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Entry filed under: Computer Crafts, Digital Scrapbooking, Silhouette. Tags: , , , , , , , .

Part 8 … Tracing Without Tears 10 more great welding cursive fonts for diecutters

14 Comments Add your own

  • 1. Julie  |  June 6, 2013 at 11:52 pm

    You are something else! Thank you so very much for the excellent lessons you are providing. I certainly have learned a lot by watching your videos. I had no idea all the neat things I could do with my Mac.
    You take designing to an all new level for me. Thank you, thank you Thank you for taking the time to make these videos.
    I for one will keep watching and learning.
    Best regards,
    Julie

    Reply
  • 2. Hobbit girl  |  June 6, 2013 at 11:56 pm

    Sounds and looks pretty amazing, Kay, but…I have a PC! Any ideas I can use?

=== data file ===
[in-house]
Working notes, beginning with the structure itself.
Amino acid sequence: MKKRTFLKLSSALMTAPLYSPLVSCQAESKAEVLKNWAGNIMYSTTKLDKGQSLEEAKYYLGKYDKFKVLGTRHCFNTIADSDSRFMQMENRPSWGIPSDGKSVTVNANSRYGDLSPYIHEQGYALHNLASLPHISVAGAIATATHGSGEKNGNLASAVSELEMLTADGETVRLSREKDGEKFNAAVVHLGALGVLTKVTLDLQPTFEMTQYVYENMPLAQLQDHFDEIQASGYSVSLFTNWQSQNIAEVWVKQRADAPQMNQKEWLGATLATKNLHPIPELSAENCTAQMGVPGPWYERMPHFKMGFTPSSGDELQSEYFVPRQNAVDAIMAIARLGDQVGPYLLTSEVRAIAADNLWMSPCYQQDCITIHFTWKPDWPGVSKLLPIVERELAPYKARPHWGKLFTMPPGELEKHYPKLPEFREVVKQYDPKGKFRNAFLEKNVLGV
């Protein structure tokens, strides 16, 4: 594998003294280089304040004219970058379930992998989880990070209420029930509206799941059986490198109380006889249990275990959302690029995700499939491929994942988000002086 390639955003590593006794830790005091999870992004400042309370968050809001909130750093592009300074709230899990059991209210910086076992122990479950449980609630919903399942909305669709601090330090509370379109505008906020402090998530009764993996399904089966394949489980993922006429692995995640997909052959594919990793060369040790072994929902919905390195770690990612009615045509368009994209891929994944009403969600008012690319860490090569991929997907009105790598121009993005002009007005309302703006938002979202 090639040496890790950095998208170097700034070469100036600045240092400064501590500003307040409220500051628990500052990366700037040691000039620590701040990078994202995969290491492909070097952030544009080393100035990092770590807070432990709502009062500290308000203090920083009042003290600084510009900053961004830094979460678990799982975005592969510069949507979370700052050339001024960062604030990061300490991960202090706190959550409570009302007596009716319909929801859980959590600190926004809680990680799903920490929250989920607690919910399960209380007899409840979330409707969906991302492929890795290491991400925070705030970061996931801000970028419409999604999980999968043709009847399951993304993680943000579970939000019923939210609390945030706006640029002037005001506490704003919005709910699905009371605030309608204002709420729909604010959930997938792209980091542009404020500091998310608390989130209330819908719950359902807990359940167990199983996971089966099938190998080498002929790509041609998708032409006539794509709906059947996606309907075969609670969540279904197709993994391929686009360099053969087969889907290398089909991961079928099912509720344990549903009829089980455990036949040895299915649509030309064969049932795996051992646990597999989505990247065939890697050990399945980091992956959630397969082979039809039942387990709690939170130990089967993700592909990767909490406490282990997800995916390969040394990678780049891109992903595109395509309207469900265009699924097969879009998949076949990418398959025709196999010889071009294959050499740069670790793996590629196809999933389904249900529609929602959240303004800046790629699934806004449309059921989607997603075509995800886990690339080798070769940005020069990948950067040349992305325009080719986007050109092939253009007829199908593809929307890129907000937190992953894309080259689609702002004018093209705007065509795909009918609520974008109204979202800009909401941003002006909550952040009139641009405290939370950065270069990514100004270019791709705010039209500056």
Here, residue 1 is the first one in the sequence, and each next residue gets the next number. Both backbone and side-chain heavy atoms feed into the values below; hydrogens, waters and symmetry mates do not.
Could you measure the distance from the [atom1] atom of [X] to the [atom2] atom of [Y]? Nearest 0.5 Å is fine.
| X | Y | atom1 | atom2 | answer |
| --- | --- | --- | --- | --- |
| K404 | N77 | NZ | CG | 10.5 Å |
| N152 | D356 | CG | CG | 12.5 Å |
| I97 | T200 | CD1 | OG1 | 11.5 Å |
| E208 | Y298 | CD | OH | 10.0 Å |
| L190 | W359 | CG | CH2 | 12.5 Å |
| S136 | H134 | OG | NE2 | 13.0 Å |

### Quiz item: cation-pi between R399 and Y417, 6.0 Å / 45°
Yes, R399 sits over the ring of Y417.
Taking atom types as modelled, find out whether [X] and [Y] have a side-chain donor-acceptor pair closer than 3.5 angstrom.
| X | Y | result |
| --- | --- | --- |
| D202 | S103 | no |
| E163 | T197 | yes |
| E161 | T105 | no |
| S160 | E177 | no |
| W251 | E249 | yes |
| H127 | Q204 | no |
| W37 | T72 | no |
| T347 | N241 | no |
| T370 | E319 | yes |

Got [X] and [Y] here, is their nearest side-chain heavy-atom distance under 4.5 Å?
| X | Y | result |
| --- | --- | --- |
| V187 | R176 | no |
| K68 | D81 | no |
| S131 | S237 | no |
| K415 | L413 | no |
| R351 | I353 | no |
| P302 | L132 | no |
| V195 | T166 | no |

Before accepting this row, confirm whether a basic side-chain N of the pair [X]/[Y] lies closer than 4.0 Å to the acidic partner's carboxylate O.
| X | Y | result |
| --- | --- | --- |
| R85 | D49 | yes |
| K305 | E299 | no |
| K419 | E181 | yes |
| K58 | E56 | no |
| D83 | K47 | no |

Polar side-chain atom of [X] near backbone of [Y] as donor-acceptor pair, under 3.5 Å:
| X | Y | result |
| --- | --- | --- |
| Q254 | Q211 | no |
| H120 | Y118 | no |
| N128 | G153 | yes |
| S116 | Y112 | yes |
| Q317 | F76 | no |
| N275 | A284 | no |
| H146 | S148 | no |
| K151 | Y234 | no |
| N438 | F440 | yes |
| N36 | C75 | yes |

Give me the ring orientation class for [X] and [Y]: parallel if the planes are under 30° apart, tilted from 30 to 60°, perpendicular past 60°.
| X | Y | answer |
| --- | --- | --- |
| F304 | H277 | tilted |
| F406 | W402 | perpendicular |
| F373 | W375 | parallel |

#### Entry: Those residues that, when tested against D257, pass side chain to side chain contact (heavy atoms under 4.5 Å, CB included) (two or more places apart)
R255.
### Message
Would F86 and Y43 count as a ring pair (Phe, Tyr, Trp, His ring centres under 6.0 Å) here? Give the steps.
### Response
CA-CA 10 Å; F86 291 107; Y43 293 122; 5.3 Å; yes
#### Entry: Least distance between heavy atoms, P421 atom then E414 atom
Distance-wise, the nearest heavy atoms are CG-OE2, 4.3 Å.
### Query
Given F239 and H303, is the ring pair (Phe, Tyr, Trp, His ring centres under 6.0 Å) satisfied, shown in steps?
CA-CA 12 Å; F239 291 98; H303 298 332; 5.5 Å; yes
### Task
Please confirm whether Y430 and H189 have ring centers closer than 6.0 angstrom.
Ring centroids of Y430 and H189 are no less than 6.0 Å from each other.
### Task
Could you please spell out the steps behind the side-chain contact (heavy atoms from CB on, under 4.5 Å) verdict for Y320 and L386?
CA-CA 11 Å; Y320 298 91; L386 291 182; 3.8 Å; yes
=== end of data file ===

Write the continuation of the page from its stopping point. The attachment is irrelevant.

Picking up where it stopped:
Reply
    • 3. Kay  |  June 6, 2013 at 11:59 pm

      Haven’t found any low end workarounds for Windows but am always on the lookout.

      Reply
      • 4. Hobbit girl  |  June 7, 2013 at 12:02 am

        Thanks! I’ll be waiting….You are amazing; love your site and your tutorials! I have learned more here than I thought possible!

  • 5. Katherine  |  June 7, 2013 at 2:46 pm

    Ditto what Julie said. I really appreciate your sharing with us!!

    Reply
  • 6. fran  |  June 7, 2013 at 4:35 pm

    HOLY MOLY, TOTALLY AWESOME INFO

    Reply
  • […] Accessing OpenType options with software you already have on your Mac – 1 freebie(s)? […]

    Reply
  • 8. Trish Reddick  |  June 13, 2013 at 3:34 pm